Epidemiology of APO- and Lipoproteins in Elderly Women
To examine the complex interactions among the traditional cardiovascular risk factors, particularly lipoprotein and apoprotein levels, genetic and other characteristics, and lifestyle habits in elderly women.
|Study Design:||Observational Model: Natural History|
|Study Start Date:||April 1988|
|Estimated Study Completion Date:||March 1993|
Coronary heart disease is the leading cause of death in both men and women 65 years of age and older, and in 1982, it was estimated that it accounted for about 32.4 percent of all deaths in this age group and may have contributed to death in an additional 12.1 percent. Coronary heart disease mortality rates increase steeply with age, even in those over 65 years of age. Death rates for males continue to be higher than females although the sex ratio declined sharply with age. Data from Framingham suggest that although the incidence of coronary heart disease rises with age in both males and females, the incidence rate rises more steeply in elderly females compared with elderly males. Despite the magnitude of this problem, in 1988 the majority of the knowledge on coronary heart disease and its risk factors related to the disease in middle-aged persons--primarily males. More information was needed about coronary heart disease and its risk factors in elderly women. Also, the atherosclerotic process develops over many years and the risk factors which relate to the evolution of atherosclerosis are highly correlated within an individual. Therefore, it is likely that risk factors, such as lipoproteins and apoproteins will be important determinants of coronary heart disease in older persons primarily because of this observed correlation within individuals over time, and their long-term association with the development and progression of atherosclerosis. In addition, identification of the high risk individual is a goal of many epidemiologic investigations. It is possible that qualitative examination of the polymorphisms of the apoproteins could in fact assist in the identification of women at high risk of coronary heart disease who are in need of aggressive prophylaxis. These genetic markers represent a second generation of risk factors for coronary heart disease.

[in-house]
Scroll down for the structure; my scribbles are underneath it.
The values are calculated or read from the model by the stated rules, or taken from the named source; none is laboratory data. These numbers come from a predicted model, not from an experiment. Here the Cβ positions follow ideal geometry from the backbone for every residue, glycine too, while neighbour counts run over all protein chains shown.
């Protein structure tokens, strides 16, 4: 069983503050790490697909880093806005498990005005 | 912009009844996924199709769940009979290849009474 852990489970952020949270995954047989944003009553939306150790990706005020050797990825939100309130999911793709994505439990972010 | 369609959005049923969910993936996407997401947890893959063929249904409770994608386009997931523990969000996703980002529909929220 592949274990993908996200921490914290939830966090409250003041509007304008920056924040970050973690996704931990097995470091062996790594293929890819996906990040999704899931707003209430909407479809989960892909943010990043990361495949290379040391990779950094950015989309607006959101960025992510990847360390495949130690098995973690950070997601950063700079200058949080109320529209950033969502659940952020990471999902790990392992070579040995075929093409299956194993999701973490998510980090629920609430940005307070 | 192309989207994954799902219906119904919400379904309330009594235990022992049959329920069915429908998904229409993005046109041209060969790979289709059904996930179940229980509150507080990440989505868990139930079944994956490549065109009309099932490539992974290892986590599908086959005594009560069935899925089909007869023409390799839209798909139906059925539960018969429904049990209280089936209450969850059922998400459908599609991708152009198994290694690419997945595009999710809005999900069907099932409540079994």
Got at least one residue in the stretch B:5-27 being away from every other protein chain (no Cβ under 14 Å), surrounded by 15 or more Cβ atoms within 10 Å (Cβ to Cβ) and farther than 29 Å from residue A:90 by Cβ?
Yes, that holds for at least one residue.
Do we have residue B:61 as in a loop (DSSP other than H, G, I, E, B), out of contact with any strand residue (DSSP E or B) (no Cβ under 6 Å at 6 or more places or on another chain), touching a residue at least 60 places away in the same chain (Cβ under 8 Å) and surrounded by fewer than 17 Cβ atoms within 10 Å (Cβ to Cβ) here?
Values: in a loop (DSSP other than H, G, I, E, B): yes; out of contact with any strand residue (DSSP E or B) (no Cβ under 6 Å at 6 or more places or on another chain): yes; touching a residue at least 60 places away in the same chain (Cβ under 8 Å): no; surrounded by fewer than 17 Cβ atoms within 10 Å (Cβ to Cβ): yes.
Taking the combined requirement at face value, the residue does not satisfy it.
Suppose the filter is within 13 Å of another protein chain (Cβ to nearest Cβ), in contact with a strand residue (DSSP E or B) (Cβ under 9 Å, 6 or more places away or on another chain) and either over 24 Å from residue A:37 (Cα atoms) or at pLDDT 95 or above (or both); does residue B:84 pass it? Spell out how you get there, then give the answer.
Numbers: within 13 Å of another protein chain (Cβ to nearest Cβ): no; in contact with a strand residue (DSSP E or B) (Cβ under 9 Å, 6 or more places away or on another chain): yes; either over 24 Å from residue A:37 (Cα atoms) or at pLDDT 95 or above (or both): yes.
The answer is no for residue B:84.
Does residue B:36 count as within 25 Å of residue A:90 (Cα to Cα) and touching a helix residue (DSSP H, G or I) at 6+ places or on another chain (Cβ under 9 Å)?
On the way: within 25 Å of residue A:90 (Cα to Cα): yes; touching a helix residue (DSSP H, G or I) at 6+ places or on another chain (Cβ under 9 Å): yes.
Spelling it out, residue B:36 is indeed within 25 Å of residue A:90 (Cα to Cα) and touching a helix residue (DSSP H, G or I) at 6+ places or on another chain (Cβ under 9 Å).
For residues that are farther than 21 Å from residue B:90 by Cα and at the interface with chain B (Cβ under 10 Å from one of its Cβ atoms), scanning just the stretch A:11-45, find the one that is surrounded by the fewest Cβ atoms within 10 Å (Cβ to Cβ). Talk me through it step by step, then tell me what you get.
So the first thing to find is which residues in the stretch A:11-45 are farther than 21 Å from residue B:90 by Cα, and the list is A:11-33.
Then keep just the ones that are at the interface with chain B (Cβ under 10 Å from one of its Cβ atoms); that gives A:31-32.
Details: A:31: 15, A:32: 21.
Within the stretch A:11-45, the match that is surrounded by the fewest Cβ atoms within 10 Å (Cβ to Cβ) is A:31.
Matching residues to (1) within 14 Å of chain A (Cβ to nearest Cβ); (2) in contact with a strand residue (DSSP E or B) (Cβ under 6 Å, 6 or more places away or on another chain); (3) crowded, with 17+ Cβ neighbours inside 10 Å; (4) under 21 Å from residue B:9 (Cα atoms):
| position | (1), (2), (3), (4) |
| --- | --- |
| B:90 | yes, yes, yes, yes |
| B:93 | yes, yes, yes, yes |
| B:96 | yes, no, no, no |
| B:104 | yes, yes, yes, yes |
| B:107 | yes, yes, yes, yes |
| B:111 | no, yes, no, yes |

The study was ancillary to the multicenter Study of Osteoporotic Fractures (SOF), a prospective study on risk factors for hip and wrist fractures supported by the National Institute of Arthritis and Musculoskeletal and Skin Diseases. The cross-sectional study involved a sample of subjects at the Pittsburgh Center. The distribution and interrelationships of lipoproteins and apoproteins were described as were their relationships to age, years since menopause, type of menopause, and lifestyle factors such as physical activity, alcohol consumption, cigarette smoking, obesity, and use of estrogens/progestins. The frequency of phenotypes of the polymorphisms of apoprotein A-IV and E were examined to determine whether these phenotypes were associated with specific patterns of lipo- and apoproteins. The hypothesis was tested that the degree to which lifestyle characteristics explain the variability in lipoproteins and apoproteins depended on the genetic makeup of the individual.